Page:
Take a look at these four charts. They pretty much speak for themselves.
Chart 1: New Daily Reported Cases per M people. (Actual daily cases are ~6x these numbers, per IHME)
Chart 2: New Daily Reported Deaths per M people. (Actual daily deaths are ~1.6x these numbers, per IHME)
Chart 3: Percentage of population vaccinated
Chart 4: % of population wearing masks, per IHME
What the data now tells us, in my opinion:
- The fourth wave is now upon us. In most parts of the world, this is now a pandemic of the unvaccinated.
- Thanks to the variants, cases are spiking in precisely those areas that have (a) the lowest rates of vaccination, and (b) low rates of mask use. While Canada, the US and the UK have very similar rates of vaccination (especially if you add in the proportion that have acquired immunity from infection — 11% in Canada and Germany, 21% in the UK, 33% in France, and 39% in the US — there is not a lot of differences between the total percentage of the population in these countries that is, we hope, now immune to infection. But that total varies enormously within countries, from about 50% in conservative, rural and vaccine-and-mask-hesitant areas (far below herd immunity levels), to over 80% in progressive, more urban and highly-vaccinated areas (where herd immunity has probably been reached). The difference in new case loads, hospitalizations and new deaths between 50%-immune areas and 80%-immune areas, even within countries, and even within cities, is enormous.
- Because young people have been the least encouraged to get vaccinated and to use masks, the fourth wave is hitting the young especially hard. The new variants are dense (much higher average number of viral particles per infected patient) and highly-transmissible, and even though young people are less likely to be hospitalized or die if they get CoVid-19, they are now making up a much larger percentage of the infected, hospitalized, and dying. And that means that the total number of people who are likely to get permanent or chronic “long-CoVid” syndromes is likely to soar.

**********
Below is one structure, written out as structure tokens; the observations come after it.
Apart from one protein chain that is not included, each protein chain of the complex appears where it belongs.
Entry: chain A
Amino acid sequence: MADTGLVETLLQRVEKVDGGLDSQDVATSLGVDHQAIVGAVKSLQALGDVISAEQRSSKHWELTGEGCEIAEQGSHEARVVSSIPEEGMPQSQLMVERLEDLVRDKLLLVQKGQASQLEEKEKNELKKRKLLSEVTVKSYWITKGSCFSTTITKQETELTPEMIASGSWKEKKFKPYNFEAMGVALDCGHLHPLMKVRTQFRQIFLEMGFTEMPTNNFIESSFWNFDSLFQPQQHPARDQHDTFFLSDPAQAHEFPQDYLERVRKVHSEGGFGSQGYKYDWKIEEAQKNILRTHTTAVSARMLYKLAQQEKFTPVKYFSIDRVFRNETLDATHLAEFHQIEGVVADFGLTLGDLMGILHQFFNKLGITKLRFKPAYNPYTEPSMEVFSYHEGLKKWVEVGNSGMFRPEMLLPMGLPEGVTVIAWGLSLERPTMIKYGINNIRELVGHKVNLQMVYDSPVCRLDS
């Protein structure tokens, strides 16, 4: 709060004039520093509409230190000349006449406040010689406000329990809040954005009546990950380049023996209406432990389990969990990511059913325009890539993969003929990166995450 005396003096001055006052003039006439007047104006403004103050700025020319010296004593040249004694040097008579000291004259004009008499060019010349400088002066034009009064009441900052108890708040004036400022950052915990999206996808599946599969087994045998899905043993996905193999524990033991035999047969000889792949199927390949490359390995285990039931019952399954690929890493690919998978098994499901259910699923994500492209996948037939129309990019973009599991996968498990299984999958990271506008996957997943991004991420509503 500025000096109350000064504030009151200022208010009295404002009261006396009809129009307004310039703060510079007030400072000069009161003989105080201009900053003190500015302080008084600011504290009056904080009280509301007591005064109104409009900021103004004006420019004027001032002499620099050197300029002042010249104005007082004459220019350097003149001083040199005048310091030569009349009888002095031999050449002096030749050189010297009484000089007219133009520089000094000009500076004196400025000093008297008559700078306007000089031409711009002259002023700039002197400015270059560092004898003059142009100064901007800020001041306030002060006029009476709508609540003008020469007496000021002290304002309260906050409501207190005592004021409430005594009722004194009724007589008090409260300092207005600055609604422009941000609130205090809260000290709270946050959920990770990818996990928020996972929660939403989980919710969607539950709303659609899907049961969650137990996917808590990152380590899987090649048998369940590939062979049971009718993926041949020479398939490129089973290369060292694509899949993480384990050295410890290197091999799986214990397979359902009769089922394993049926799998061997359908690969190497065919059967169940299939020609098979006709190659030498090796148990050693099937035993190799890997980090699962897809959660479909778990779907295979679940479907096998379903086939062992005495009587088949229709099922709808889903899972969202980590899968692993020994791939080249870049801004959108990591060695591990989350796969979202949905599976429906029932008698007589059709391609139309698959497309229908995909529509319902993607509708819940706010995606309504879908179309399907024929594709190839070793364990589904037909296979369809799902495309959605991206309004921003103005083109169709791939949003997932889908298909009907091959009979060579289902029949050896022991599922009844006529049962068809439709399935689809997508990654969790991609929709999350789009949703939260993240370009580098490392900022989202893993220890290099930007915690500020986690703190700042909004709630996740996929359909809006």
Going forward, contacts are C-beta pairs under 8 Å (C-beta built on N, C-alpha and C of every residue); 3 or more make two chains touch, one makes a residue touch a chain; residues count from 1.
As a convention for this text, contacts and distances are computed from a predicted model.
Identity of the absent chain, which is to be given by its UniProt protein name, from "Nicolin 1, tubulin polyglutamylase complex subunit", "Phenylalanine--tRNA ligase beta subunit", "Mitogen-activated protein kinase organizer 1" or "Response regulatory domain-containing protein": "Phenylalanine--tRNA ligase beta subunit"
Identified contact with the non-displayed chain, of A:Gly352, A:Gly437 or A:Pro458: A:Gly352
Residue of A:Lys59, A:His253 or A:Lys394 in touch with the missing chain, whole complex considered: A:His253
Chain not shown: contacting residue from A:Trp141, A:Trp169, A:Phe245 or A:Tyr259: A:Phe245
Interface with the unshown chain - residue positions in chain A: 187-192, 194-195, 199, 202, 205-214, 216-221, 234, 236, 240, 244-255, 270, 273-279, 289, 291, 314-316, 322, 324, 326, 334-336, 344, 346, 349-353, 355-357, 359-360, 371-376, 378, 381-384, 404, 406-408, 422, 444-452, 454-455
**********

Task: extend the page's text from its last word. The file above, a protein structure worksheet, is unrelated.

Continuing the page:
- Wearing masks still helps dramatically. The decision to eliminate indoor mask mandates was clearly premature. Compare Canada’s case rate (65% wearing masks, leading to 10 new cases/M/day and 0.17 new deaths/M/day) with that of the US (only 20% now wearing masks, leading to 120 new cases/M/day and 0.75 new deaths/M/day). Back in the spring when Americans were nearly as diligent at wearing masks as Canadians, their new case rates and death rates per capita were comparable to Canadians’. Not anymore.
- Areas like Taiwan, Australia, New Zealand and Hawai’i (especially their older citizens) are especially vulnerable to wave four. Their “Go For Zero” strategy has saved countless lives and much “long-CoVid” misery, but their combination of very slow vaccination rates, vaccine hesitancy and in some cases low mask usage rates, means that once their borders are opened even a little, their infection rates could quickly catch up to global averages.
- New case rates have not yet dropped nearly low enough to justify reopening restaurants and other often mask-less indoor spaces, or to justify allowing events with lots of crowds and non-local visitors to resume. This is the fourth time now we have been either too slow responding to spikes in new case rates, or too hasty in reopening establishments and activities before the pandemic is under control.
My personal strategy for masks is to keep my mask on in indoor spaces and at crowded events if the local daily new reported cases/M people is above 3. Especially if I’m going to be in that space for more than, say, 15 minutes. That’s the gold standard the Go For Zero strategy recommends and it seems logical to me. Much of Canada was there last summer and we might, if we keep the masks on and the unvaccinated out, get there again (from the current level of 10) in a month or two. Until then, I’d rather be safe than sorry, and considerate of all those who can’t yet get vaccinated.